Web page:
The story begins with the 2 protagonists at a very young age simply being young children, even though they live worlds apart some very similar events cause them to settle onto a collision course at Waterloo. We all know what happens at that fateful meeting, but very few of know how they got there, the horror and heartrending decisions that they made/had imposed upon them to create the cool calculation generals that history remembers.

Simon weaves the story masterly, taking you from rural Corsica to central London/Ireland with ease and you never find yourself thinking how did I end up here. You really get a sense of watching the events unfold in front of you and you root for them equally, wiling them on to succeed, and feeling the emotions well up when things go wrong.

For readers of Simon's Eagle series, this is a different look at a different era, and shows us that the author can cross the classes and the centuries with ease. Everyone has read the excellent Sharpe books from Bernard Cornwell, because this is set in the same time line, you'll recognise many locations and events over the series that will remind you of the Sharpe books particularly the early ones from India and the siege of Seringapatum and onto waterloo, over the series.

Young Bloods is the first in series of 4 books, and knowing what i know of the exploits of these 2 generals we've got plenty of great reading ahead of us from a master story teller.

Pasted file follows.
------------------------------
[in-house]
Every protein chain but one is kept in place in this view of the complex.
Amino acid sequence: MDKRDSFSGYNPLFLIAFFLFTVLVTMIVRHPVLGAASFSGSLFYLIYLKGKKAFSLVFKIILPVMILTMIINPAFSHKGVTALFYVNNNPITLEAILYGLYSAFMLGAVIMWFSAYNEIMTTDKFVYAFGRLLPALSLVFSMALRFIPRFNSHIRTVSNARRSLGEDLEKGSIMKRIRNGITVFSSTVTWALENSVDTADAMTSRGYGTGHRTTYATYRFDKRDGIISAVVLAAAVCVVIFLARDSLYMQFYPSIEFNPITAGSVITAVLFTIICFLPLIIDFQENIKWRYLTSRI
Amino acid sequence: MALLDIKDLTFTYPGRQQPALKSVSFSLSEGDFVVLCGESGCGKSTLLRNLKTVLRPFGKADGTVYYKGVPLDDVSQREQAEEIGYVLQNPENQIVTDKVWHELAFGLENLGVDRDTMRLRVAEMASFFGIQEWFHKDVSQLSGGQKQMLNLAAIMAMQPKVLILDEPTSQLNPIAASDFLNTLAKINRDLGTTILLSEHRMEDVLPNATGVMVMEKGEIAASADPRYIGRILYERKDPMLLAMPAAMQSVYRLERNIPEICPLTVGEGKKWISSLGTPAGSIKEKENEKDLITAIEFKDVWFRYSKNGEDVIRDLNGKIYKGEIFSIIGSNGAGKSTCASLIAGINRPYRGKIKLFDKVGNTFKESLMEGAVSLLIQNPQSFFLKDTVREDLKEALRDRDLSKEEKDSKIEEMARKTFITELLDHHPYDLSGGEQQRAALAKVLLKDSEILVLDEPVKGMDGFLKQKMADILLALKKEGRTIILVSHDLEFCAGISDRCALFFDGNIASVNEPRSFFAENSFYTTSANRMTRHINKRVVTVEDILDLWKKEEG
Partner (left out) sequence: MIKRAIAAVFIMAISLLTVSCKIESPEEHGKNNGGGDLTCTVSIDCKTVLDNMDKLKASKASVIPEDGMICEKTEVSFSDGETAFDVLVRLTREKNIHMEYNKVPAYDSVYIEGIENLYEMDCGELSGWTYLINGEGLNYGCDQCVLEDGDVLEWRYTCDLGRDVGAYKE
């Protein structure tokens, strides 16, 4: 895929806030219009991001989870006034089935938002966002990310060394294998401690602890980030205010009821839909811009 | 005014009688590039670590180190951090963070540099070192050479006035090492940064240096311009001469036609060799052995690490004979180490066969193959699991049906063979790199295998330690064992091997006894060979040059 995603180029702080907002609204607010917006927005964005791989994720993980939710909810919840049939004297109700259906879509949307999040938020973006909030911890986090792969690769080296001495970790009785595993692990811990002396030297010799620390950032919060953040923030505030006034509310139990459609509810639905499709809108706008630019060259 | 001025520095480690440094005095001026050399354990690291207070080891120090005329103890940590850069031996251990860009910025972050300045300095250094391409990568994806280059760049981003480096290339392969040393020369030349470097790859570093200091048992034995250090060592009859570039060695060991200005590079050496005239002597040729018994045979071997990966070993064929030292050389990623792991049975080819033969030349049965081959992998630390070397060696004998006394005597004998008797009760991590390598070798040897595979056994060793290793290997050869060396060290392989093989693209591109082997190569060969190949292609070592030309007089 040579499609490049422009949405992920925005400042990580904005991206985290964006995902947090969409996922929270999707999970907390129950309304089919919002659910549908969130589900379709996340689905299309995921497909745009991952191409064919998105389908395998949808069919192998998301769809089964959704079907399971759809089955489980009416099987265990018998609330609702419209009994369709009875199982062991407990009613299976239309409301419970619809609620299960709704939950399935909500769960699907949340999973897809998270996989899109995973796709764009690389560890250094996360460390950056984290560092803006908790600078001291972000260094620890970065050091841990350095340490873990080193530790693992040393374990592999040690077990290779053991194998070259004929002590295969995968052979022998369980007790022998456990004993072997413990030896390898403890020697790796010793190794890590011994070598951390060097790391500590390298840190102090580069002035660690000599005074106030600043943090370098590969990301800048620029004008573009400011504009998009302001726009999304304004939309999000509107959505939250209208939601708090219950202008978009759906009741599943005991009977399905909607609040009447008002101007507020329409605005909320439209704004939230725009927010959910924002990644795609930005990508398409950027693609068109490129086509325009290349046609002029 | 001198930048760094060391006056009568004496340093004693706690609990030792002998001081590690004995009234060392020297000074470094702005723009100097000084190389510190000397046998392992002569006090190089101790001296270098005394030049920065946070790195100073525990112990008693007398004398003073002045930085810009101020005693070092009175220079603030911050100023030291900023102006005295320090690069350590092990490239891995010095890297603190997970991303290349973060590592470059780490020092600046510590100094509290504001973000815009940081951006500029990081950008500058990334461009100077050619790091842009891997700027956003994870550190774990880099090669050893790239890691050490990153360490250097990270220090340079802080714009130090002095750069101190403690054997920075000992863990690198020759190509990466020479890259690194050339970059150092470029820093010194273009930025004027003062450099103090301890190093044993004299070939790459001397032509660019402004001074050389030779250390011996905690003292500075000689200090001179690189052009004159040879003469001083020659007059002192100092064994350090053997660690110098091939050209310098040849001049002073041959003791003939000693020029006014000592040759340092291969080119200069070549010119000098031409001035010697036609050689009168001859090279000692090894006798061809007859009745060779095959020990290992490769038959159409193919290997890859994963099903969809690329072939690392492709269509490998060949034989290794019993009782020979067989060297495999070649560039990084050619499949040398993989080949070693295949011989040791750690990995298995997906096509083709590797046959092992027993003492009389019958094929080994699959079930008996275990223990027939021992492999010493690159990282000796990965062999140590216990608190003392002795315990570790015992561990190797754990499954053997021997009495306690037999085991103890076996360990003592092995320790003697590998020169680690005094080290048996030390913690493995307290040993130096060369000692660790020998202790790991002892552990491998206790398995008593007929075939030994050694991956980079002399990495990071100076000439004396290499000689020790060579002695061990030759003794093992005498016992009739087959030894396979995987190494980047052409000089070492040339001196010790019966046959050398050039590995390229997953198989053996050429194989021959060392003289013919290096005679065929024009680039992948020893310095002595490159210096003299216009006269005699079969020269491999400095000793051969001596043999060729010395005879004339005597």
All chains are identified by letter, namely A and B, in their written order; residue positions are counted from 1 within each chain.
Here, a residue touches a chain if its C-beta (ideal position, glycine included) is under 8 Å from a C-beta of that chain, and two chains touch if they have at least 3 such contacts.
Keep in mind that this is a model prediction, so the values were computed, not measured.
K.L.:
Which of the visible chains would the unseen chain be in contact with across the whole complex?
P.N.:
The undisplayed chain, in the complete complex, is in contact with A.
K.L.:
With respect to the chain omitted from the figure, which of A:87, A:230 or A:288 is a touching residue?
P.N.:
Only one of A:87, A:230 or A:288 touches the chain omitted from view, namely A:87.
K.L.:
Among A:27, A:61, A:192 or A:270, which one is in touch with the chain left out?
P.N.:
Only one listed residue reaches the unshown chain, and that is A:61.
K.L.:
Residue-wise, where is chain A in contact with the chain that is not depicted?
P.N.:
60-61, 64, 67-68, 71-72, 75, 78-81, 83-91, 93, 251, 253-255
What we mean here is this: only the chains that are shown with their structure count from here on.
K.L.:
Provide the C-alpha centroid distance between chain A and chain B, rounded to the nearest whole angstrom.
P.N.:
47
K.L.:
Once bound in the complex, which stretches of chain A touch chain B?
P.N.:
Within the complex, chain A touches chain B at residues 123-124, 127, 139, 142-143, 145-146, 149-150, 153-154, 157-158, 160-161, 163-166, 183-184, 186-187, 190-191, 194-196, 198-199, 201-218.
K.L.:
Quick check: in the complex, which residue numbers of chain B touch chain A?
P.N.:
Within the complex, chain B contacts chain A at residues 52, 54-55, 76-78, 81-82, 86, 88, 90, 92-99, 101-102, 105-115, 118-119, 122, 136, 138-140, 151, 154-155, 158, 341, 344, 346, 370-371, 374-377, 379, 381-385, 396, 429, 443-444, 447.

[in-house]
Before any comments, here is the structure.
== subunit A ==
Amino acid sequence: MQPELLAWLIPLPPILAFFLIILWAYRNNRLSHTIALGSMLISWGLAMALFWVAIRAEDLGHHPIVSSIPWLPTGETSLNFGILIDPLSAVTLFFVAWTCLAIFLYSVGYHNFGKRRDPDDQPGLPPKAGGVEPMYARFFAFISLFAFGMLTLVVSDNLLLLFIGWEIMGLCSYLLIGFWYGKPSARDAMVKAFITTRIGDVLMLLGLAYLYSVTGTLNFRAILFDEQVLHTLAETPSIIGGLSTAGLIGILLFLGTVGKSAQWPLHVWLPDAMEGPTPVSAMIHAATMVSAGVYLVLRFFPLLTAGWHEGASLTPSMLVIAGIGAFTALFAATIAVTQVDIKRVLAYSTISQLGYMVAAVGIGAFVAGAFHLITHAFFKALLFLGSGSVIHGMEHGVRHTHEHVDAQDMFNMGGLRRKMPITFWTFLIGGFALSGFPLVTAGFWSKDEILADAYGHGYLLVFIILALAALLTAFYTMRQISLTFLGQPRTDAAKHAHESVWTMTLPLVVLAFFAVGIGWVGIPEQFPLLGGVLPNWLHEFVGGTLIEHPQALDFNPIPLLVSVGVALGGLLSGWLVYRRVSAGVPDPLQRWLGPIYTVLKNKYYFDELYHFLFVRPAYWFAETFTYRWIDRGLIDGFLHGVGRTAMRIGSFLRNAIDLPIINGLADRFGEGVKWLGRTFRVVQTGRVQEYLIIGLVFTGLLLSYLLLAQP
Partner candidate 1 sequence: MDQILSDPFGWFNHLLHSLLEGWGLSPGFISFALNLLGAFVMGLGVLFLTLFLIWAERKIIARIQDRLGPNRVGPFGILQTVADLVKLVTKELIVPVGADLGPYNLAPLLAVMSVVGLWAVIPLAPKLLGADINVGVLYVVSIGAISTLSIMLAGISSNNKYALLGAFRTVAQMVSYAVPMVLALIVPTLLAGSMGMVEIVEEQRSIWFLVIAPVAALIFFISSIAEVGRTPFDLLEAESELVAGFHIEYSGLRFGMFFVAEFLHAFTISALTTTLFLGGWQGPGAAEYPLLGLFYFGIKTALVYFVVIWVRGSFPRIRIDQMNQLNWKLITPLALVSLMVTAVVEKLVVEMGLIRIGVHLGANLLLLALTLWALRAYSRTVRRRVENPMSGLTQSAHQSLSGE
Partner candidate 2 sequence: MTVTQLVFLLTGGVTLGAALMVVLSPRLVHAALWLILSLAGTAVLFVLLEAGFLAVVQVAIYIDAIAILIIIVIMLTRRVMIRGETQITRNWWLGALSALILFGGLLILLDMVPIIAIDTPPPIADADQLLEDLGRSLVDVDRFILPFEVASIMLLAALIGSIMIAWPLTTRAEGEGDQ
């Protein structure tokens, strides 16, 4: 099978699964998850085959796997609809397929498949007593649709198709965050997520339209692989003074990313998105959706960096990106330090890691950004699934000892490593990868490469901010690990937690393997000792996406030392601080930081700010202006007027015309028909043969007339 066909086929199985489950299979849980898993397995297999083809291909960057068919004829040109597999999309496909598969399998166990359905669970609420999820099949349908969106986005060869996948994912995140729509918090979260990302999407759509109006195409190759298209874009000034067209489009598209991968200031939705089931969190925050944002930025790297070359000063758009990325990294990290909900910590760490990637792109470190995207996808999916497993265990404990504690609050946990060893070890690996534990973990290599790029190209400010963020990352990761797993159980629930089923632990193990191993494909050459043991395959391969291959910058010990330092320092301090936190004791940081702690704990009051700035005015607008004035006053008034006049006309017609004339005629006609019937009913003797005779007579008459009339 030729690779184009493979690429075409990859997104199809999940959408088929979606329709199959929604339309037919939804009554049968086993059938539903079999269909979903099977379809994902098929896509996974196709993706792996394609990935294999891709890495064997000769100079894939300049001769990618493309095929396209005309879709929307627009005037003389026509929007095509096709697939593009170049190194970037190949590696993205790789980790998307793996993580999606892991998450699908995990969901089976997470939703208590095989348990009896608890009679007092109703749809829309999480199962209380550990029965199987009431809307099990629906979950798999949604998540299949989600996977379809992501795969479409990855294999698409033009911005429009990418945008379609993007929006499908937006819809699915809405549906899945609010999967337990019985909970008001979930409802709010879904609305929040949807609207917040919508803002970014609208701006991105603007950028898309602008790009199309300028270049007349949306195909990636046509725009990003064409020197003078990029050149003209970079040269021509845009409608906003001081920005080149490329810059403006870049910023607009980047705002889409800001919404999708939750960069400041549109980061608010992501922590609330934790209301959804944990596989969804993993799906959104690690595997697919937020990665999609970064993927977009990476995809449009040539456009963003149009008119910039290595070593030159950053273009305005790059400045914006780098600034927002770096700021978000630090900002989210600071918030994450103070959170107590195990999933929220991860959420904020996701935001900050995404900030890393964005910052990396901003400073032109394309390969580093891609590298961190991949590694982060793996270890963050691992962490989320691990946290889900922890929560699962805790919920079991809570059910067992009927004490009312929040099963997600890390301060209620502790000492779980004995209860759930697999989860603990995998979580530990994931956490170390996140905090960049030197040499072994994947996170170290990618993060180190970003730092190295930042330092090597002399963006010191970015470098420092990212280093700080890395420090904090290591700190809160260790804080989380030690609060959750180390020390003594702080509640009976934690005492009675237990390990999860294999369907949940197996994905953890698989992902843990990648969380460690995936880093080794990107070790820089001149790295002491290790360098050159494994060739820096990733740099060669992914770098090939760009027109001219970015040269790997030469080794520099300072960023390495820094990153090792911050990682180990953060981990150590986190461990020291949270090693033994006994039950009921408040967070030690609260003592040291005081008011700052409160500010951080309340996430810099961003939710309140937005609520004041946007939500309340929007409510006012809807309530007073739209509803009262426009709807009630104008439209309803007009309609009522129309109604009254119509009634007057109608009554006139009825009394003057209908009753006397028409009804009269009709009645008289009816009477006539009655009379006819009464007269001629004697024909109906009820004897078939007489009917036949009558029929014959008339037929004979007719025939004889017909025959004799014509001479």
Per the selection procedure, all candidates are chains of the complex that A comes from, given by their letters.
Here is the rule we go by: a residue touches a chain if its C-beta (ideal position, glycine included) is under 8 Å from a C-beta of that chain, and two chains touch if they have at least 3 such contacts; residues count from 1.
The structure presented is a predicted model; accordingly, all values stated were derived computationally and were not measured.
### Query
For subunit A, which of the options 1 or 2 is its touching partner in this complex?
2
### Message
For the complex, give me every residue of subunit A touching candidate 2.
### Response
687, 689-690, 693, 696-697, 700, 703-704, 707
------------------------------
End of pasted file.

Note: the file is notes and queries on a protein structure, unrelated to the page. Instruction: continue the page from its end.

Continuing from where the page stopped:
Highly Recommnended!!
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TOP 500 REVIEWERon 12 June 2011
With this latest book Simon embarks on a new series, Book 1 is based around the young lives of 2 of the great generals from European history, Napoleon and Wellington.
The story Switches easily between life in aristocratic Ireland and rural Corsica, showing the differences in character and environment that shaped these two great men.
I myself have not read much about these two men and this period in history, except Bernard Cornwells Sharpe. I have found in the past that this can put some readers off, but I promise you it will not hinder your reading of this book. This is a great read with easy flowing writing, well paced and full of action.
The characterisation is brilliant, by the end of the book you have real feelings for these 2 men, and amazingly you find yourself switching between supporting the French and wanting them to win, to rooting for the English with their destructive musket volleys.
I have read all of Simons books to date and have enjoyed all of them immensely, but this is in my opinion his best work to date, I think its because the book starts with the main characters from birth and allows you to grow with them on their road to fame and glory! I especially like the little true stories that crop up throughout the book (I will leave it to you to discover these for your-self).
If you are a fan of Conn Iggulden, Bernard Cornwell, David Gemmell or William Napier then this is a must buy for you. (And don't forget to try his eagle series as well)
(Parm)